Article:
The words “existence is a fleeting illusion” flash on screen early on in Gaspar Noé’s Climax, and so much of what happens in the following 90 or so minutes seems to be there to support this notion. Leaving aside its plot for a moment—someone spikes the sangria of a virtuosic dance troupe, tearing a hole in their little society and turning a party into a living nightmare of ids gone haywire—formally, this film repeatedly betrays our conception of how a movie works. Full credits scroll two minutes in. A list of the film’s literary and cinematic references—Nietzsche, Kafka, Argento, Fassbinder, and Pasolini, among them—is provided upfront in the form of stacks of VHS tapes and books that frame a TV on which we watch members of the dance troupe being interviewed during the prologue. Long takes are punctuated by brief bursts of action. As Thomas Bangalter’s “What To Do” rattles the sound system in the middle of the film, the names of the dancers, the musicians whose works are used in the film, and its crew flare on the screen, each in their own excellent font. Noé has chopped up the very notion of cinema into something that is virtually snortable.
Noé, though, waves away the idea that he set out to meta-comment.
“The movie’s not about other movies, even if it was inspired by many different movies,” the French director told Jezebel by phone last month. “It’s mostly inspired by real life.”
“You have seen a film based on real events that happened in France in winter 1996,” claims a title card preceding those premature rolling credits. Noé confirmed his source was a crime from that place and time, but declined to specify what that actual event was. “I decided not to promote the fact or give the names because then people were just going to compare it with the freedom I gave myself and I gave to the dancers to portray the situation,” he said.
Noé, who operated his own camera as he directed Climax, shot his film over the course of about two weeks in February 2018. He, the dancers, and choreographer Nina McNeely worked quickly off a one-page outline that left room for improvisation. Many of the dance sequences were choreographed the night before they were shot, as the production received licensing approval for various songs from the ‘80s and ‘90s that Noé desired.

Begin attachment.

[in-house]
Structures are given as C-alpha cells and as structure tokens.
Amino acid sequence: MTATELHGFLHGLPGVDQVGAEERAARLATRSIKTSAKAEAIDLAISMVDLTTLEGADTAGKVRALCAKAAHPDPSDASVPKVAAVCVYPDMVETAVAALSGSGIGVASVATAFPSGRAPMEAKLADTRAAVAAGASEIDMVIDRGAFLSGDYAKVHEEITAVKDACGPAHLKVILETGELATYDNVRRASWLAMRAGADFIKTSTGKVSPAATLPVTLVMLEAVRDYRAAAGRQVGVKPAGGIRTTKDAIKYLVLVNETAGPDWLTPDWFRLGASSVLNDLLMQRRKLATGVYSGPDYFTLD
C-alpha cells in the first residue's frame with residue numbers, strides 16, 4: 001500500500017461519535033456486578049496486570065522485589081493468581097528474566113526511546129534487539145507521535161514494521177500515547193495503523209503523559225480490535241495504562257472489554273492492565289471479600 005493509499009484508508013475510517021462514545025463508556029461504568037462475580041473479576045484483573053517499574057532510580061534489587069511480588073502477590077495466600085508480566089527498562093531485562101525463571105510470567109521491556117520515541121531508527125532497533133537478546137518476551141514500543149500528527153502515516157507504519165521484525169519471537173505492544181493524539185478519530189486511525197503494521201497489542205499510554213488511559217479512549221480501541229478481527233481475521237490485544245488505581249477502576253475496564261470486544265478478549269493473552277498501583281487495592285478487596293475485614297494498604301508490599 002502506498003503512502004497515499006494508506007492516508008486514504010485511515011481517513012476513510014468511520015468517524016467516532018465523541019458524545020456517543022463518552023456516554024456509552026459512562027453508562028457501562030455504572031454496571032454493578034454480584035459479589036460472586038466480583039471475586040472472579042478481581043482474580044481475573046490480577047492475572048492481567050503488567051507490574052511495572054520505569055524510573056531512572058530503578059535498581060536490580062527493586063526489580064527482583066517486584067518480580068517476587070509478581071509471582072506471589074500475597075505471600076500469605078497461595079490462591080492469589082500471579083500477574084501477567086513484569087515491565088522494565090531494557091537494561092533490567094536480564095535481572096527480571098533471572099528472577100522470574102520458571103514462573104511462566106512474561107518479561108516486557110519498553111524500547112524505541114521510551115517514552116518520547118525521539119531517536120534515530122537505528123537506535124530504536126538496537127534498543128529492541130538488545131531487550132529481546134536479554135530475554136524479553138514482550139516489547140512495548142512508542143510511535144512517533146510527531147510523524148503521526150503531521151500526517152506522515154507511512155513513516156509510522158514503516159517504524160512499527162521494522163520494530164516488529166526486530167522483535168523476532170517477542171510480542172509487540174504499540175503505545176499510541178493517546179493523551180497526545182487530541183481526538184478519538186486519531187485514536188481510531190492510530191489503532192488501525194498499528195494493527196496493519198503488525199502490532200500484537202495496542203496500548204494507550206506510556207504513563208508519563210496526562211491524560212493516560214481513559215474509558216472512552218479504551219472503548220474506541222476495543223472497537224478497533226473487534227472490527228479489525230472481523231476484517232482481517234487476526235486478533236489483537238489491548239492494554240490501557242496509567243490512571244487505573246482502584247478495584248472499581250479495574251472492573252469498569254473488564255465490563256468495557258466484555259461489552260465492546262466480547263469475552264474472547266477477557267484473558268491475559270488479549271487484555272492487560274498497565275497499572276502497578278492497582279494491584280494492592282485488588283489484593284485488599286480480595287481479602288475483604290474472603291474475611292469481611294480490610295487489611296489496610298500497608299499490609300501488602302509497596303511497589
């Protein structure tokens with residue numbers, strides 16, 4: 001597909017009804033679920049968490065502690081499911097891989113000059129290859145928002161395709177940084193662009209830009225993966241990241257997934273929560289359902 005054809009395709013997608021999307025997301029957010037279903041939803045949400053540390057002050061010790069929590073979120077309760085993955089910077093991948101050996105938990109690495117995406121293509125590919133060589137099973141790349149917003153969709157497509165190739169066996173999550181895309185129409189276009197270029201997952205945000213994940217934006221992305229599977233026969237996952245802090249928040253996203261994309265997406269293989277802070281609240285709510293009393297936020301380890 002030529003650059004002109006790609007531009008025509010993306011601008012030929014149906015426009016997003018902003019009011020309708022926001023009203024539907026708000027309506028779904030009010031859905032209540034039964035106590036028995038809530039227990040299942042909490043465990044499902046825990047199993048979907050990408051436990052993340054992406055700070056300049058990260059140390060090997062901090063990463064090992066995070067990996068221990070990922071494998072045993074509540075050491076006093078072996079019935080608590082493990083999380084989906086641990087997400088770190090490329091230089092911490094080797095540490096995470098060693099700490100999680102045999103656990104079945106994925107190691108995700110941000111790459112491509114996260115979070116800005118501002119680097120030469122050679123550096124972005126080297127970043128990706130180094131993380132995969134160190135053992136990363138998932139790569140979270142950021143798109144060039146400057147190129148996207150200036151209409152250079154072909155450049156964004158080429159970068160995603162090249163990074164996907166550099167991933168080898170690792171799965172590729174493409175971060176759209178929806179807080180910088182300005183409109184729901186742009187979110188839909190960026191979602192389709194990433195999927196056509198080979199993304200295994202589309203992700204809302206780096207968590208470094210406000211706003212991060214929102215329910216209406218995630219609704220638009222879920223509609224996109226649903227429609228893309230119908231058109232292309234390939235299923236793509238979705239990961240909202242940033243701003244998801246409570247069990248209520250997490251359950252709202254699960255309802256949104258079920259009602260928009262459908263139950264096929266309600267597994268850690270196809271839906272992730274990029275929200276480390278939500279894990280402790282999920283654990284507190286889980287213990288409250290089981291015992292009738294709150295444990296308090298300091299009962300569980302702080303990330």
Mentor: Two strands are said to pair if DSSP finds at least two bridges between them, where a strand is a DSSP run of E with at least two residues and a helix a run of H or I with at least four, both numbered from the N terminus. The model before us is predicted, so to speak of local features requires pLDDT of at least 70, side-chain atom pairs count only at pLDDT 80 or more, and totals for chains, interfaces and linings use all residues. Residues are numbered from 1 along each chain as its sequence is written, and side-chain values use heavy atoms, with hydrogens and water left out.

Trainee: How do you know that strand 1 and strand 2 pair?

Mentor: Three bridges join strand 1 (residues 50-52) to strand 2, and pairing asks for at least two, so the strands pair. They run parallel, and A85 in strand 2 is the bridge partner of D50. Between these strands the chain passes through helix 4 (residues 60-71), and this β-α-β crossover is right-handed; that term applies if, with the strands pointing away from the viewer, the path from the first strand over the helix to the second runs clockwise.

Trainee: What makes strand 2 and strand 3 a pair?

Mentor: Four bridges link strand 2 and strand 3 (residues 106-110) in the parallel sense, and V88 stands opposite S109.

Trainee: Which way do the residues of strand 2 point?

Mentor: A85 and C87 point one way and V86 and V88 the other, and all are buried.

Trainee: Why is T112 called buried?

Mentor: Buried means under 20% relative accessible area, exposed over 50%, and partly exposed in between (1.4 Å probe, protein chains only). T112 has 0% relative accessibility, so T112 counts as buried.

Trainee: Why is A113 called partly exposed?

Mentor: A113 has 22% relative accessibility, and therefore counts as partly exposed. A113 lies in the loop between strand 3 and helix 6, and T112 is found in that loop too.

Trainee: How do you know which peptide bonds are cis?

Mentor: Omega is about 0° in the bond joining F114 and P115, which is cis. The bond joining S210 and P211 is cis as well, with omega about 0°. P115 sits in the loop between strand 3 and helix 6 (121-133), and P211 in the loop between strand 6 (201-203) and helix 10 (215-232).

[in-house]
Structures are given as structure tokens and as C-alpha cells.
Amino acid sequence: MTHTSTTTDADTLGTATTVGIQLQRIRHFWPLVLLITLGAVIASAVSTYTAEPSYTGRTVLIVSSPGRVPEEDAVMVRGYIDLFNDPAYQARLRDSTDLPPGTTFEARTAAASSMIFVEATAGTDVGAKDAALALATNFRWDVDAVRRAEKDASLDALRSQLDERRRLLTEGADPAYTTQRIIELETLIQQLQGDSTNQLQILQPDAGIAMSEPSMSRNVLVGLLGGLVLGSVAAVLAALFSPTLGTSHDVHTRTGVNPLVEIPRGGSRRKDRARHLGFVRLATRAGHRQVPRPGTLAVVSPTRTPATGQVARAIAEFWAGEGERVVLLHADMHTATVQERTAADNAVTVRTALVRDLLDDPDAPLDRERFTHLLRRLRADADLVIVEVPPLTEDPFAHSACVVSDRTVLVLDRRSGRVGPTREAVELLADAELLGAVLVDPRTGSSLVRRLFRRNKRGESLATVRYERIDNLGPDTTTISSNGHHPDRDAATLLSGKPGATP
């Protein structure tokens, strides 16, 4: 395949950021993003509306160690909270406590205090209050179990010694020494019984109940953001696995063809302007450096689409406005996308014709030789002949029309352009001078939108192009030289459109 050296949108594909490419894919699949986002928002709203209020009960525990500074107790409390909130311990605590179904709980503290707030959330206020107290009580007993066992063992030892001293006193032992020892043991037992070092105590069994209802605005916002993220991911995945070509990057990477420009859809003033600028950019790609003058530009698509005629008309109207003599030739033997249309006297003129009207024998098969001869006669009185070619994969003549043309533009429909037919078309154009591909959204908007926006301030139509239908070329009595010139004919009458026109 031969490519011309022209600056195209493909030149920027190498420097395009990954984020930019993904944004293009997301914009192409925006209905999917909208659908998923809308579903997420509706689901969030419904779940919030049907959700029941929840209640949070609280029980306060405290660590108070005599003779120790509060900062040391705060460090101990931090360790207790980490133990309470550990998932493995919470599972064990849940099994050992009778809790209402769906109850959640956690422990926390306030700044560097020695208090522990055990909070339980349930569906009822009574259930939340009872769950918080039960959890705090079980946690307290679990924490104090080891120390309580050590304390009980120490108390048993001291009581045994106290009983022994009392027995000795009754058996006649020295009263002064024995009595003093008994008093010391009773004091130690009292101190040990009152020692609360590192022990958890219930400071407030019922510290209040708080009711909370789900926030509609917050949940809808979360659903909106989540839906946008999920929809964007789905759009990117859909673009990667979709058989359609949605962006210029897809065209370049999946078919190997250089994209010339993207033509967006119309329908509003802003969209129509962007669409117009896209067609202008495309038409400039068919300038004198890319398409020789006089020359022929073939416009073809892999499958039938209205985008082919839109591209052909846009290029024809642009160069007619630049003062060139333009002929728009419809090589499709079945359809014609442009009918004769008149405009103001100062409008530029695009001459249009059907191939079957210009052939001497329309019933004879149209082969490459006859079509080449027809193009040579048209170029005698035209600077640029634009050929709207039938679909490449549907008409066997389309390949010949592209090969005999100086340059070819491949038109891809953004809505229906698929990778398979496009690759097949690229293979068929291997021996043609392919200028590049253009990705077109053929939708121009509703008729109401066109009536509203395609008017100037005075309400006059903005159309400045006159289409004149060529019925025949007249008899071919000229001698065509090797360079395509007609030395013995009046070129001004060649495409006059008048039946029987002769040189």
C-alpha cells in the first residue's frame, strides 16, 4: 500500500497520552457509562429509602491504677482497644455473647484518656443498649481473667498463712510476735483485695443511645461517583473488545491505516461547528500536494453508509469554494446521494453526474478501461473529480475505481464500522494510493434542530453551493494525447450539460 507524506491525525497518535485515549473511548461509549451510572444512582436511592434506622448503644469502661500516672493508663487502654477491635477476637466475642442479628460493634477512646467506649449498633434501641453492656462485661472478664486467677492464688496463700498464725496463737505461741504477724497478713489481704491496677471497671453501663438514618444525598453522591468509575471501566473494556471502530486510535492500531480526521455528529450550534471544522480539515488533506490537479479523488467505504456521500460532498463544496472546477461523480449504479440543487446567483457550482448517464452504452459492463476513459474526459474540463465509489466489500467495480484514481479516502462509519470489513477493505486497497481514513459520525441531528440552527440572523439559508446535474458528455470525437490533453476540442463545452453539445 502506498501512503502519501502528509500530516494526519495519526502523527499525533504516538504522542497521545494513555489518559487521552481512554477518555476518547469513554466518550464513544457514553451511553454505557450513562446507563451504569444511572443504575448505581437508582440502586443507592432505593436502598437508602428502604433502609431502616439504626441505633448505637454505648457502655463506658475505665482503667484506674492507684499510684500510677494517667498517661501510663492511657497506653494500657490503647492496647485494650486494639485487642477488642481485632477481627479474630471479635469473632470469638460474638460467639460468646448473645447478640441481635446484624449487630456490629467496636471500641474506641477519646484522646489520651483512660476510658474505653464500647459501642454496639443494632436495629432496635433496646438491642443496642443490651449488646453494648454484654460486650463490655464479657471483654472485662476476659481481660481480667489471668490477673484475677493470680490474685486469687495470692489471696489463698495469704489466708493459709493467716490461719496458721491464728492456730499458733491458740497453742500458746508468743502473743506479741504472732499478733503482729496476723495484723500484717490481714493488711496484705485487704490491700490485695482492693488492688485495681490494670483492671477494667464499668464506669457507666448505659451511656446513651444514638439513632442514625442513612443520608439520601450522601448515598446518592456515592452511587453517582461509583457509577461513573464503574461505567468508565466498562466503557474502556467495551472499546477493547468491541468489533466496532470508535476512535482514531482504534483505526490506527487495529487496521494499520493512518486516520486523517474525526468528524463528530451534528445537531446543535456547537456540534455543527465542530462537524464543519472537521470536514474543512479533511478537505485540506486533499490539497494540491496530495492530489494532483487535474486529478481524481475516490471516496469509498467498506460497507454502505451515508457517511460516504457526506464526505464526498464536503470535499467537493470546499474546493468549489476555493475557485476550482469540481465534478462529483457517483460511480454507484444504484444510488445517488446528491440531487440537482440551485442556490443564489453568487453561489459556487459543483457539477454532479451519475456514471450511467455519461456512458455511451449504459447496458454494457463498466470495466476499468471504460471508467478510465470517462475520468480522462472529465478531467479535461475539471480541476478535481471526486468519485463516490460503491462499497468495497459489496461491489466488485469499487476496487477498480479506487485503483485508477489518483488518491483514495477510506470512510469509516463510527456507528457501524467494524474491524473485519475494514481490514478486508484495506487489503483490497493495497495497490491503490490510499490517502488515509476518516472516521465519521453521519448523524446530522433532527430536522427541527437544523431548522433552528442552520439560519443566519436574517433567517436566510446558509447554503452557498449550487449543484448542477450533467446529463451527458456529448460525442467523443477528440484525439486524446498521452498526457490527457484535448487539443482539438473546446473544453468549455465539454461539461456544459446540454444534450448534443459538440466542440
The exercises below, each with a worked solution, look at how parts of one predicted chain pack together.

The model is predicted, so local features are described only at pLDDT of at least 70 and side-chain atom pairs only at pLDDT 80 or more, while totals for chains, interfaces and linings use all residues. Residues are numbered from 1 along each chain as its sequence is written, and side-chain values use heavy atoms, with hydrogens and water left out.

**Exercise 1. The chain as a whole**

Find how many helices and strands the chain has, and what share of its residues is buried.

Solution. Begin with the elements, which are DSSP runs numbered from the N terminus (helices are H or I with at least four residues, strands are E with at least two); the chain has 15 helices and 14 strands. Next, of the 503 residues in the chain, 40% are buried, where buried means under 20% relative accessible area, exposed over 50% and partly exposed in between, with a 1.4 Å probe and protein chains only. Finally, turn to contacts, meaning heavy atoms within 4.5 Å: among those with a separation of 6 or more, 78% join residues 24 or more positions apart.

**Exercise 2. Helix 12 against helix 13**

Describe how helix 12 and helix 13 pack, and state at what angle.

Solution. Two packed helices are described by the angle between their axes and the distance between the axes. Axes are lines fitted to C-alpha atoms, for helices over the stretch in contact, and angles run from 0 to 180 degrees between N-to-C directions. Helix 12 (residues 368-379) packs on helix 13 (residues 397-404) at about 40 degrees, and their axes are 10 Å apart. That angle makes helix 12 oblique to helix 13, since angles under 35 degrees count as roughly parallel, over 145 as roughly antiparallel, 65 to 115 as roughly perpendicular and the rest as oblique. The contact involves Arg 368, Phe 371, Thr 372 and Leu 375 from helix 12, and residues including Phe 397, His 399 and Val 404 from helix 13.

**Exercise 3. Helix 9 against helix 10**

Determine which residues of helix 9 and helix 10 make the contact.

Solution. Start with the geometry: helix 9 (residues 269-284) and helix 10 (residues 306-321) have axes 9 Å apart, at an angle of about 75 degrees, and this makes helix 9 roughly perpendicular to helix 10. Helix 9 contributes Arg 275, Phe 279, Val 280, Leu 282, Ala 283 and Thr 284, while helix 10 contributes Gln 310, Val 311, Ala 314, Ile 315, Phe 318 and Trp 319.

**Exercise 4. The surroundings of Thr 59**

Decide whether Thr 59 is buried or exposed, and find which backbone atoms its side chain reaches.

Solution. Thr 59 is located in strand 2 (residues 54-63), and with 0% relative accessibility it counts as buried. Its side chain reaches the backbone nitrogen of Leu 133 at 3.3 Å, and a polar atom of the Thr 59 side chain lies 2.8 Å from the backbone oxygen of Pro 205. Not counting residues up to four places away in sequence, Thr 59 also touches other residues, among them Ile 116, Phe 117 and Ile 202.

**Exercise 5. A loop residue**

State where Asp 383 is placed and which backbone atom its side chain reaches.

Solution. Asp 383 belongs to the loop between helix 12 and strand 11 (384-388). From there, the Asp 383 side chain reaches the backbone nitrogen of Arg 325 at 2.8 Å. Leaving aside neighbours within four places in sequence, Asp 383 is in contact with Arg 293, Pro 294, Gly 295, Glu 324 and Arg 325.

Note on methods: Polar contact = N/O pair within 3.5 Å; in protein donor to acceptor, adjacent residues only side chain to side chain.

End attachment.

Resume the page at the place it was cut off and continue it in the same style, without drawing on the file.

Sofia Boutella (The Mummy, Atomic Blonde) leads the ensemble as the fictional troupe’s choreographer, Selva. She said that Noé approached her with little more than the general concept of dosed dancers. She requested the opportunity for her character to unleash, much like Isabelle Adjani does in Polish director Andrzej Zulawski’s primal scream of a horror film from 1981, Possession.
“I asked him if I could explore something similar and he said, ‘Yes, let’s do it,’” the Algerian-born actor-dancer told Jezebel by phone on Thursday.” The result is a thrashing meltdown in the third act that finds Selva alternately laughing hysterically, contorting her body carnally, and shouting at nothing with utter abandon.
“That scene in the corridor, we only did seven takes of that because it took the life out of all of us, to be honest,” said Boutella. “He pushes us. I like somebody that pushes me, personally. He pushes but he was in the limits of respect and consideration toward the other person. He was never rude or aggressive or impolite ever.”
One could reasonably say Selva’s meltdown is the climax of Climax, but then, in what is the film’s slipperiest cinematic sleight of hand, one could reasonably say that about many of this movie’s scenes. In my opinion, the actual climax starts about 10 minutes in as the entire varied troupe (whose members respectively employ elements of voguing, krumping, and waacking) performs a mesmerizing dance to an instrumental re-edit of Cerrone’s Eurodisco classic “Supernature” (Cerrone did the remixing, which mostly just adds a pumped-up, house-y rhythm section, himself.) Noé’s crane-operated camera captures it all in a single, stunning shot. It is one of the most intoxicating, and flat-out best scenes I’ve seen in a movie, ever. Things like this are why the phrase “worth the price of admission” was invented. I want to live in that scene.
“I am not a fan of musicals, whether it’s in theater or in movies. I never go to see contemporary dance, but the result there is incredible,” said Noé, admiring his own work. He said that the scene was shot the first day of shooting and that he called 16 takes. (Boutella says 17.) “When I introduce my movie at festivals, I always stay again and again to see that opening scene because they’re all dancing in different ways. Since there are 20 people on screen, you can watch it over and over and never get bored. I’m just partly responsible. I think what’s magic in that scene is the dancers themselves and the work that Nina McNeely did with the music I gave her.”
The movie is paced like a DJ set—the songs’ BPMs increase for a while, there’s a noisy section, an ‘80s crowd pleaser (Soft Cell’s “Tainted Love/Where Did Our Love Go” medley), and a denouement (an instrumental version of the Rolling Stones’ “Angie” performed by Thibaut Barbillon). The resulting collection of tunes is as jaw-droppingly curated as a classic soundtrack from the era in which the movie is set (for sheer playability, it reminds me of Trainspotting).